Citation: The Journal of Law, Medicine & Ethics
      PubDate: 2021-01-06T04:33:46Z
      DOI: 10.1177/1073110520979403
      Issue No: Vol. 48, No. 4_suppl (2021)
       
  • The Walmart Effect: Testing Private Interventions to Reduce Gun Suicide

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      Authors: Ian Ayres, Zachary Shelley, Fredrick E. Vars
      Pages: 74 - 82
      Abstract: The Journal of Law, Medicine & Ethics, Volume 48, Issue 4_suppl, Page 74-82, December 2020.
      This article tests the impact of Walmart's corporate decisions to end the sale of handguns at its stores in 1994 and to discontinue the sale of all firearms at approximately 59% of its stores in 2006 before resuming firearms sales at some of those stores in 2011. Using a difference-in-differences framework, we find that that from 1994 to 2005 counties with Walmarts robustly experienced a reduction in the suicide rate and experienced no change in the homicide rate. These models suggest that Walmart's policy change caused a 3.3 to 7.5% reduction in the suicide rate within affected counties, which represents an estimated 5,104 to 11,970 lives saved over the studied period (425-998 per year). In contrast, Walmart's 2006 and 2011 decisions to discontinue and subsequently resume the sale of rifles and shotguns in many of its stores was not associated with a robustly measured effect on homicide or suicide rates. We do find evidence that Walmart's 2006 decision to reduce the number of its stores that sold firearms caused a statistically significant reduction in the suicide rate for counties in which Walmart did not subsequently resume firearms sales.
      Citation: The Journal of Law, Medicine & Ethics
      PubDate: 2021-01-06T04:33:47Z
      DOI: 10.1177/1073110520979404
      Issue No: Vol. 48, No. 4_suppl (2021)
       
  • States' Rights, Gun Violence Litigation, and Tort Immunity

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      Authors: Hilary J. Higgins, Jonathan E. Lowy, Andrew J. Rising
      Pages: 83 - 89
      Abstract: The Journal of Law, Medicine & Ethics, Volume 48, Issue 4_suppl, Page 83-89, December 2020.
      The devastating toll of gun violence has given rise to hundreds of lawsuits seeking justice on behalf of victims and their families. A significant number of challenges against gun companies, however, are blocked by courts' broad reading of the Protection of Lawful Commerce in Arms Act (PLCAA) — a federal statute often interpreted to shield the gun industry from civil liability. This article reexamines PLCAA in light of the Supreme Court's recent federalism caselaw, which counsels courts to narrowly construe federal laws that could otherwise upset the balance of power between states and the federal government. Since PLCAA infringes on traditional areas of state authority, the Supreme Court's federalism jurisprudence requires lower courts to interpret PLCAA narrowly, to not bar states from imposing negligence, nuisance, product liability, or other common law liability on gun companies. Reading PLCAA in line with federalism principles would preserve states' traditional authority over their civil justice laws, and enable gun violence victims, and their families, to hold gun companies responsible for wrongdoing.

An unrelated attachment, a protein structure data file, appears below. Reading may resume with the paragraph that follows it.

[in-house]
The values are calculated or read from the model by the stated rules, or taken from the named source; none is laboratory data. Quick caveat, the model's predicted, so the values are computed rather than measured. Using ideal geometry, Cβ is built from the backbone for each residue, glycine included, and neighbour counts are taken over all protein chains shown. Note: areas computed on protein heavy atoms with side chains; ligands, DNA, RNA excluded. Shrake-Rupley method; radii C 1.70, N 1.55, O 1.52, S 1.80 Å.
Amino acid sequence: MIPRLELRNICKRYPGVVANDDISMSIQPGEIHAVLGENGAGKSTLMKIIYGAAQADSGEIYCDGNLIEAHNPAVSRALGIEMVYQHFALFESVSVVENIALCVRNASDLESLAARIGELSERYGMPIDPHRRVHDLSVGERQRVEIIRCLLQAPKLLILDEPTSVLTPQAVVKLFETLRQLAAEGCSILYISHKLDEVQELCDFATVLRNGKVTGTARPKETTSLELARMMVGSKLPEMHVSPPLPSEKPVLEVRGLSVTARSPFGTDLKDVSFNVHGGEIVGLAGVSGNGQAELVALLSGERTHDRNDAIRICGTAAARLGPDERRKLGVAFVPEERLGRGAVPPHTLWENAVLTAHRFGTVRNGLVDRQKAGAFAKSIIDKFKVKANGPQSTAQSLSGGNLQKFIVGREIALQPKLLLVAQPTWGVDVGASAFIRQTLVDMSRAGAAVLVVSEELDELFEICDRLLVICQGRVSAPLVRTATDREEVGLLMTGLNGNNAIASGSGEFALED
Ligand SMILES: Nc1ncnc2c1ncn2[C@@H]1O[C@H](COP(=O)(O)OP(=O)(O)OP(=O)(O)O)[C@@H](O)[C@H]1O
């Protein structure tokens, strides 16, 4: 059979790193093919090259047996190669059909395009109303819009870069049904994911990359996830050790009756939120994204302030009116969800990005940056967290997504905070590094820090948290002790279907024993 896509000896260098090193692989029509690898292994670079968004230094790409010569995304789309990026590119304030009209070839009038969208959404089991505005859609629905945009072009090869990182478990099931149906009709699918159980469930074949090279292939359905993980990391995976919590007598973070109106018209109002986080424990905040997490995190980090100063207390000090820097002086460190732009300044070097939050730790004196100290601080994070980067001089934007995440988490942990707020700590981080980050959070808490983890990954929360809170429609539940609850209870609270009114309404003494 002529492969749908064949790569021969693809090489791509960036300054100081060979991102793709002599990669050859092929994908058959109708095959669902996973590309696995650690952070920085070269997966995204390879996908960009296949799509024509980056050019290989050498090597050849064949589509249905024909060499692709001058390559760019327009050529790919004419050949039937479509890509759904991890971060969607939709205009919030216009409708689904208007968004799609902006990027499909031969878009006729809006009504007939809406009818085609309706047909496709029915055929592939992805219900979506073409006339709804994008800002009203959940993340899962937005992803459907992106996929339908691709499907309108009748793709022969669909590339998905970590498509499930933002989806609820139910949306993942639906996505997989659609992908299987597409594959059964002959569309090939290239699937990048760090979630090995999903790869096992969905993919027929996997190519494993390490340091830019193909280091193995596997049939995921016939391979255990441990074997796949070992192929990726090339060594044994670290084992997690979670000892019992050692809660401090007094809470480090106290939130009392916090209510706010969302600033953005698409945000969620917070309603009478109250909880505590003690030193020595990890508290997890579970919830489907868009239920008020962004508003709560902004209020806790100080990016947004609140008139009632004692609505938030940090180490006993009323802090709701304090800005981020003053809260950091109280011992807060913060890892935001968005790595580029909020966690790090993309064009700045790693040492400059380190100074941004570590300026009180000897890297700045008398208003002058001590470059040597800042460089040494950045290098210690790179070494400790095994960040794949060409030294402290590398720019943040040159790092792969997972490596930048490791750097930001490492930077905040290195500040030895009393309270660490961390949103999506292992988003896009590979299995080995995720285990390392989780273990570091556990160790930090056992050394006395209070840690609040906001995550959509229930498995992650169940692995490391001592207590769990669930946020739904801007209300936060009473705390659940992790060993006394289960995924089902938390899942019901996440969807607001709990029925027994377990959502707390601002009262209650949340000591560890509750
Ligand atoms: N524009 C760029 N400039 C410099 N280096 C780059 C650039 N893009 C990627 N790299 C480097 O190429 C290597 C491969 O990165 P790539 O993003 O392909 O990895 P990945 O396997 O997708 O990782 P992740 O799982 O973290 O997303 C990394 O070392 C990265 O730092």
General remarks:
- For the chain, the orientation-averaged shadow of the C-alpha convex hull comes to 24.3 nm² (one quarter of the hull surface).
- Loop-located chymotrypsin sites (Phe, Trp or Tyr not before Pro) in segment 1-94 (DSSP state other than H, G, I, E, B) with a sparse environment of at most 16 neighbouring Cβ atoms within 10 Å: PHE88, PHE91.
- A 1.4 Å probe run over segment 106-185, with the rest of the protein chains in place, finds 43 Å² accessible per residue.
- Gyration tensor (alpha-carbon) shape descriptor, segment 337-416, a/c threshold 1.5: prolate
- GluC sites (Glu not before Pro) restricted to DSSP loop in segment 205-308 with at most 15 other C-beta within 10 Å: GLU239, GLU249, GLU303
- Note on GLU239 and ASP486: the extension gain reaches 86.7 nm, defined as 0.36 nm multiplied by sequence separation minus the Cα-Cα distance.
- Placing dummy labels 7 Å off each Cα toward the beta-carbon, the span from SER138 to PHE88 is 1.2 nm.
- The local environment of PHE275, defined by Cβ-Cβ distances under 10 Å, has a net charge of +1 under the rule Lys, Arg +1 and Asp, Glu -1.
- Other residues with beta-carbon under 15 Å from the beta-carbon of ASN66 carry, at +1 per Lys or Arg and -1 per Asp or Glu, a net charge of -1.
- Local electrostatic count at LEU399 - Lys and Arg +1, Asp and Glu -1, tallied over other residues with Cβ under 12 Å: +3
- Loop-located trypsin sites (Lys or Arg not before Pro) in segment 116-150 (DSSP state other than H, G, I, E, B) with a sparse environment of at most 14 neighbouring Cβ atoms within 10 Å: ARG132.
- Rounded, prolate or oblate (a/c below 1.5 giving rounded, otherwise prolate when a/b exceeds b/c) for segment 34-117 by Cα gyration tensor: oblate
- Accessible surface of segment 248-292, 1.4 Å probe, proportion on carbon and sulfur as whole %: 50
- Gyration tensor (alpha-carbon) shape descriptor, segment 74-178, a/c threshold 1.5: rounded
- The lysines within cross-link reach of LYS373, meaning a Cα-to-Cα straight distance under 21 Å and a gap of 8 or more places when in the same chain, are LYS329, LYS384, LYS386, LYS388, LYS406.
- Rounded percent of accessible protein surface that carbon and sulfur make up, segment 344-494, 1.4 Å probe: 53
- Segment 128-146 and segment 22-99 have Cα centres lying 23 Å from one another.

Citation: The Journal of Law, Medicine & Ethics
      PubDate: 2021-01-06T04:33:46Z
      DOI: 10.1177/1073110520979405
      Issue No: Vol. 48, No. 4_suppl (2021)
       
  • Gun Violence in Court

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      Authors: Abbe R. Gluck, Alexander Nabavi-Noori, Susan Wang
      Pages: 90 - 97
      Abstract: The Journal of Law, Medicine & Ethics, Volume 48, Issue 4_suppl, Page 90-97, December 2020.
      Litigation cannot solve a public health crisis. But litigation can be an effective complementary tool to regulation by increasing the salience of a public health issue, eliciting closely guarded information to move public opinion, and prompting legislative action. From tobacco to opioids, litigants have successfully turned to courts for monetary relief, to initiate systemic change, and to hold industry accountableFor years, litigators have been trying to push firearm suits into their own litigation moment. But litigation against the gun industry poses special challenges. Not only has the regulatory regime failed to prevent a public safety hazard, Congress has consistently underfunded and understaffed the relevant regulatory actors. And in 2005 it legislatively immunized the gun industry from suit with the Protection of Lawful Commerce in Arms Act (PLCAA).This paper surveys the field of litigation in response to gun violence, tracking the limited successes of victims and stakeholders suing the gun industry. We find that victories remain confined to individual actors and unlike high-impact public litigations in other areas, aggregate class actions and major public litigation led by state attorneys general are noticeably absent in the firearm context.
      Citation: The Journal of Law, Medicine & Ethics
      PubDate: 2021-01-06T04:33:46Z
      DOI: 10.1177/1073110520979406
      Issue No: Vol. 48, No. 4_suppl (2021)
       
  • Regulating 3D-Printed Guns Post-Heller: Why Two Steps Are Better Than One

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      Authors: Thaddeus Talbot, Adam Skaggs
      Pages: 98 - 104
      Abstract: The Journal of Law, Medicine & Ethics, Volume 48, Issue 4_suppl, Page 98-104, December 2020.